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Vouchers for axed Christmas flights
Passengers affected by delays at Gatwick Airport on Christmas Eve are to be offered high-street shopping vouchers as a 'gesture of goodwill'
Passengers whose flights were cancelled amid chaotic scenes at Gatwick airport on Christmas Eve are to be offered £100 vouchers "as a gesture of goodwill".
The disruption at the West Sussex airport is already being looked into by the Civil Aviation Authority.
Today, Gatwick said it had set up its own inquiry, with a report due in February.
Local flooding led to power outages at Gatwick which resulted in a number of flight cancellations and long delays for departing travellers.
Some passengers were at Gatwick for as long as 12 hours, only to be sent home after learning their flight had been axed.
Today Gatwick chief executive Stewart Wingate said: "We appreciate that lots of our passengers were travelling to be with their families over the festive period and we are sorry that flights were cancelled and passengers left disappointed, particularly at this time of the year.
"With this in mind, London Gatwick will be offering £100 of high street vouchers to each passenger whose flight was cancelled on Christmas Eve as a gesture of goodwill in recognition of the exceptionally difficult circumstances."
Gatwick said passengers whose flights were cancelled should email firstname.lastname@example.org with evidence of their booking on a flight due to depart from or arrive at Gatwick Airport on December 24 and with their postal address.
Subject to verifying details, a voucher for £100 will be posted to passengers within 28 days of the application for payment.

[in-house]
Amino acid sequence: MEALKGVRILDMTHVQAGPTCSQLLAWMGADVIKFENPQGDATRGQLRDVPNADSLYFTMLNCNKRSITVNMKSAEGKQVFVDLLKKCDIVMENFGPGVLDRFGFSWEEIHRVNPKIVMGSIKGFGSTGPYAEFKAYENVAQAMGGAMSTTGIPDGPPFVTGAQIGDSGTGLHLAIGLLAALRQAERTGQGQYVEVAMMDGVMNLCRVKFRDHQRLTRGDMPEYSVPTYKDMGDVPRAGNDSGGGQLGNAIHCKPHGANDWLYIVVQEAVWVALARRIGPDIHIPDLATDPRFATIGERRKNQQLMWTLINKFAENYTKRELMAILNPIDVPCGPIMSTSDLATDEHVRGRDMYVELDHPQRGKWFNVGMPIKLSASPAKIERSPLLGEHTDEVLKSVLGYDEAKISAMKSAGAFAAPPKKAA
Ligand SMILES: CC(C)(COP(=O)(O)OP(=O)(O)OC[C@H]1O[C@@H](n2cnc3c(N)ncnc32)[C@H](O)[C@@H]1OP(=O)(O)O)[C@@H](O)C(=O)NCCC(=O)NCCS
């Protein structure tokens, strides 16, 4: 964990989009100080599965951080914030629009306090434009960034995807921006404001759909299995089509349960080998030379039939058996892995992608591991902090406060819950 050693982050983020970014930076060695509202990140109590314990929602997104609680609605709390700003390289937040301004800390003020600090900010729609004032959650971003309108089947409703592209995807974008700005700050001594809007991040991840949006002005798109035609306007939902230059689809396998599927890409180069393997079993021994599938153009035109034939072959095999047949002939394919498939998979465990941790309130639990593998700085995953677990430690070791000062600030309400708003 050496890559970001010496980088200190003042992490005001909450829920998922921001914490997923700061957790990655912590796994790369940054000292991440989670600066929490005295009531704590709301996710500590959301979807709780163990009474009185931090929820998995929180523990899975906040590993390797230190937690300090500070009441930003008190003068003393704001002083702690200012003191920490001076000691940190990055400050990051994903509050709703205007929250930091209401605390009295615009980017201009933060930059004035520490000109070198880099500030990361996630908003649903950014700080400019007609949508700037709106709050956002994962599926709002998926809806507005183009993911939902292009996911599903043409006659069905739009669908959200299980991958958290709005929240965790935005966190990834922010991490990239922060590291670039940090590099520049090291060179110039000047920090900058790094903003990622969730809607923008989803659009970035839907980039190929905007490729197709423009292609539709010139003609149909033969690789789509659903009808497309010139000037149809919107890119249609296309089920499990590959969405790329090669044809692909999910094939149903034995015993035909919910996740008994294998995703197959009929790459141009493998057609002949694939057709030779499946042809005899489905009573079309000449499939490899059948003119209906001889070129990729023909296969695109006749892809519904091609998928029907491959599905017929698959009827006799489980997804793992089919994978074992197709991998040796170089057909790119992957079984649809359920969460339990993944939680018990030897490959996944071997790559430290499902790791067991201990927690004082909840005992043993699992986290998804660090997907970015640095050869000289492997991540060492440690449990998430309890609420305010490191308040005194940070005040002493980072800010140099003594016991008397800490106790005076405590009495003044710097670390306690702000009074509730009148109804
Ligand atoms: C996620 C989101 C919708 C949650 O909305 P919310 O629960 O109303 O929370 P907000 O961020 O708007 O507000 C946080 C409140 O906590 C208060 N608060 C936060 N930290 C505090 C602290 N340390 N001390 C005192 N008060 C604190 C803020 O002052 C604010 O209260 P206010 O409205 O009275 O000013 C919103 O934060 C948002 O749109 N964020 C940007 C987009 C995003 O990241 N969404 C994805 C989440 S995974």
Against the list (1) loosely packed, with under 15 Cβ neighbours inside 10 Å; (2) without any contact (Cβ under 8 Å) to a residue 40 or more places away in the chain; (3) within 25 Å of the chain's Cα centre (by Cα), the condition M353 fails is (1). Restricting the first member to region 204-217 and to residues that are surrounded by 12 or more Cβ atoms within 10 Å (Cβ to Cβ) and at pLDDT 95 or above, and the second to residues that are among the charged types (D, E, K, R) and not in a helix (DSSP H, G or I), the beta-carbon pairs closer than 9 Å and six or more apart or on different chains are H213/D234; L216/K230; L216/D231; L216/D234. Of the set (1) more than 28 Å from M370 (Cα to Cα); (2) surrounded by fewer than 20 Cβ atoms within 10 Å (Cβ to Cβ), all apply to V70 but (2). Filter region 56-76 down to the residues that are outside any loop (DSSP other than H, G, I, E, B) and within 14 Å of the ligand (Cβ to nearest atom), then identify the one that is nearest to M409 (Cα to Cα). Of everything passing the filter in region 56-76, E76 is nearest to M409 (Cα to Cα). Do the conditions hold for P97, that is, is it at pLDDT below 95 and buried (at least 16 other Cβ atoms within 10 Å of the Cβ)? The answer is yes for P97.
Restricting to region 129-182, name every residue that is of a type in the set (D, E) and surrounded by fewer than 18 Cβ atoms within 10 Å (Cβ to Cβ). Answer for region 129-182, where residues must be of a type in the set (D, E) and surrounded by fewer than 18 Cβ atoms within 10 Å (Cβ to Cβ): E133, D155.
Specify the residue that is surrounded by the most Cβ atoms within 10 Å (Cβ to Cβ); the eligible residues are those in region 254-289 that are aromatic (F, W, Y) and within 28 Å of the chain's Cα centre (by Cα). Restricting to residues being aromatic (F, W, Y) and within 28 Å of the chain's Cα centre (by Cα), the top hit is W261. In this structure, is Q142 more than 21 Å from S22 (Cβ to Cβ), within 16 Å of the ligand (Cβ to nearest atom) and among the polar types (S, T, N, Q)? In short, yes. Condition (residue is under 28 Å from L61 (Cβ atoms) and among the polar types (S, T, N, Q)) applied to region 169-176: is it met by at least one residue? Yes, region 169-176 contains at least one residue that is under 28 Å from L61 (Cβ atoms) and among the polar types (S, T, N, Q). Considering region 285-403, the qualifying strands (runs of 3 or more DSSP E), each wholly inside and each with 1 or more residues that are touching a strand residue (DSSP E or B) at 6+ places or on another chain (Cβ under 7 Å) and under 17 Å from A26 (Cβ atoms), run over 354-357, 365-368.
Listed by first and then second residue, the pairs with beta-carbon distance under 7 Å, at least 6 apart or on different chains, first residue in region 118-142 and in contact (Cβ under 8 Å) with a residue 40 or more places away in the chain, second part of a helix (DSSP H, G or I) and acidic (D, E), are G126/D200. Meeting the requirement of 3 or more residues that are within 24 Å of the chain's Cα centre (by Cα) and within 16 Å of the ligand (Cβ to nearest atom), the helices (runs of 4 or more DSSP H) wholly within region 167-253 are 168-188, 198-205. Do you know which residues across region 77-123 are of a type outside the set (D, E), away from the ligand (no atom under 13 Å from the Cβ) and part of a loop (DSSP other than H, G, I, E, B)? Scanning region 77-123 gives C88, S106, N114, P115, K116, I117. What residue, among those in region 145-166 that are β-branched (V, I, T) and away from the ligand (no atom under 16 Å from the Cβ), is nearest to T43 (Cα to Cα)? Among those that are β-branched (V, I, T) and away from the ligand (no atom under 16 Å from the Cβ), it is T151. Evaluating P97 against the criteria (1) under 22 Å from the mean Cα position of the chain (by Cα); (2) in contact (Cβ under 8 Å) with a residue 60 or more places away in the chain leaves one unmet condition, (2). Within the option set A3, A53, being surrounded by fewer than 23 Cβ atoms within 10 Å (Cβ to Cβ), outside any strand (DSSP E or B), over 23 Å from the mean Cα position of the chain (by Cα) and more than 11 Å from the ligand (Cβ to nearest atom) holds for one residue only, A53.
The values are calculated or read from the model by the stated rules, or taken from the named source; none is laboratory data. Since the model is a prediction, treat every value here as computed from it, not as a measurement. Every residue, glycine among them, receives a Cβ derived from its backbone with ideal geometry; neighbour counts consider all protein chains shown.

Gatwick's own "full review" of the Christmas Eve problems will be headed by David McMillan, former director general of air traffic management company Eurocontrol and a non-executive director of Gatwick Airport.
Gatwick said today that "extraordinarily adverse weather across the region" including exceptionally heavy rain caused all local waterways around the airport to flood.
It added that the flood waters "significantly exceeded flood impact projections" and resulted in damage to electrical substations and switch rooms which caused the partial loss of power to the North Terminal.
Gatwick went on: "Since then, all efforts have been focused on restoring the North Terminal to its full operation. A full schedule of flights operated on Christmas Day and Boxing Day and every day since.
"Since change of ownership (in 2009) Gatwick has invested significantly in improving the airport, spending £1 billion in the last four years. We have invested over £12 million on improving the flood defences.
"Gatwick has made a £4 million investment in the Environment Agency's Upper (River) Mole Flood Alleviation Scheme and is currently building an additional on-site flood resilience scheme costing over £8 million.
"Since (last) Tuesday a number of short-term measures have been put in place to reduce the risk of such incidents happening again."